Home builder confidence increased in April to an index reading of 63, which was one point higher than for March and the highest reading in six months. Analysts said that April’s reading revealed more about housing market conditions in the past six months than it was an indicator of future market conditions.
Members of the Federal Reserve’s Federal Open Market Committee voted to hold the target range of the federal funds rate to its current range of 2.25 to 2.50 percent. The minutes of the most recent Committee meeting cited softening domestic and global economic conditions as reason for not raising the target federal funds range.
Home price indices issued by S&P Case-Shiller showed further slowing in home price growth in January. The national home price index showed 4.30 percent home price growth for the three months ended in January. Analysts expected home prices to grow 4.20 percent for the same period in cities surveyed by Case-Shiller. More cities reported declines in home prices than those that posted gains in home prices.
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The mortgage interest rate represents the cost of borrowing money to purchase a property. Mortgage interest rates are not fixed; that is, they fluctuate from one period of time to the next.
Builder sentiment held steady in March as headwinds in housing markets affected homebuilder confidence, but National Association of Home Builders Chairman Greg Ugalde said that builders were looking forward to a “solid spring home-buying season.” Builder sentiment mirrored February’s index reading of 62; analysts expected an uptick to 63.
Case-Shiller Home Price Indices reported the slowest rate of U.S. home price growth since November 2014. According to the 20-City Home Price Index, Home prices grew by 4.20 percent year-over-year and were 0.20 percent higher in December as compared to November. The 20-City Home Price Index fell short of analysts’ expected gain of 4.80 percent year-over-year. Case-Shiller’s National Home Price Index reported home prices increased 4.70 percent in the fourth quarter of 2018.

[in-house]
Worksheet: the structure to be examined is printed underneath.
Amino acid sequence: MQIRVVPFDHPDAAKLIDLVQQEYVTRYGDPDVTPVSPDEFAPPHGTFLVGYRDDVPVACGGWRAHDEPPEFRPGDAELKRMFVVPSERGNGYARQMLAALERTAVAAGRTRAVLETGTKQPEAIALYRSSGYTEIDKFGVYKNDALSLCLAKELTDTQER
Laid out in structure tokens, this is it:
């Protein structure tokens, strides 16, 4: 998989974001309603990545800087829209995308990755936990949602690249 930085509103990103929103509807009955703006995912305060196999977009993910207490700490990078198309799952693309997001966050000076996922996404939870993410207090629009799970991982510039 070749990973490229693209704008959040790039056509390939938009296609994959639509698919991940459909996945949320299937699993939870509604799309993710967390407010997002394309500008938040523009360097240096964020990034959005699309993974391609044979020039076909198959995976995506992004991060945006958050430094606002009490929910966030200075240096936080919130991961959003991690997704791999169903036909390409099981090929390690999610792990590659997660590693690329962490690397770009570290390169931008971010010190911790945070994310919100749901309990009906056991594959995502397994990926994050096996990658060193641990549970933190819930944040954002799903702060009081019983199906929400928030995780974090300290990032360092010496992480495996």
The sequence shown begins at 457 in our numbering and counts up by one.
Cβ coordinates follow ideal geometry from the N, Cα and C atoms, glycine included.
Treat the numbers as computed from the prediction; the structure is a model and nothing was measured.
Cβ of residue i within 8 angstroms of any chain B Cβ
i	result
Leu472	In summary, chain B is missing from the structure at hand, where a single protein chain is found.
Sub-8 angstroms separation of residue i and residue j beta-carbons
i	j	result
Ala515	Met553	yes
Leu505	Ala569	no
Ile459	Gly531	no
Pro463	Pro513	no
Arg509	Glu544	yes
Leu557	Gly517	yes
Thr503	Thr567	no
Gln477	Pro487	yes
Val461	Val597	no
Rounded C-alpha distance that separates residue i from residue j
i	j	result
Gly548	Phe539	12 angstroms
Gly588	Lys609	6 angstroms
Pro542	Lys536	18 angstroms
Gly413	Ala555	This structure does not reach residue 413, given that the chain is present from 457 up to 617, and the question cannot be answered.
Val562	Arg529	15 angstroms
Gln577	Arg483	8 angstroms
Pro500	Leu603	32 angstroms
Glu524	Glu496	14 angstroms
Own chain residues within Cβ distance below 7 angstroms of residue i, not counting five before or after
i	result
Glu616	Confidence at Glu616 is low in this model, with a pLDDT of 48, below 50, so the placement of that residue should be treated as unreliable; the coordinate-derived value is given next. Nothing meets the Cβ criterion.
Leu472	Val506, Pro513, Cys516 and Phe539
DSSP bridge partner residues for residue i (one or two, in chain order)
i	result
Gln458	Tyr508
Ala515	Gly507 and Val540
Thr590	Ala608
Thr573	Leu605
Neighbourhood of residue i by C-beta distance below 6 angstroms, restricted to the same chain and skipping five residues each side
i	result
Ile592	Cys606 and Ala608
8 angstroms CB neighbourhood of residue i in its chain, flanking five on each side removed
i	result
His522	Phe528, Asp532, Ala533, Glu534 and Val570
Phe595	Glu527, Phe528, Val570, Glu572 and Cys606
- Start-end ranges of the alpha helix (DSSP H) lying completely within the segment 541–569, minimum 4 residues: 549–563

After raising the target range for the federal funds rate in 2018, the Fed’s Federal Open Market Committee did not raise the Central Bank’s key interest rate at its meeting of January 29 and 30. While Committee members did not raise the Fed’s key rate, members were divided on the interest rate decision.
Home price growth continued to struggle in November, with Case-Shiller’s 20-City Home Price Index moving from October’s reading of 5.30 percent annual growth to 5.20 percent growth in November. This was the lowest reading since January 2015.
After two months of declining builder confidence, the National Association of Home Builders Housing Market Index gained two points in January with a reading of 58. Component readings of the HMI were also higher with builder confidence in current market conditions rose two points to an index reading of 63. Builder confidence in housing market conditions over the next six months rose three points to 64.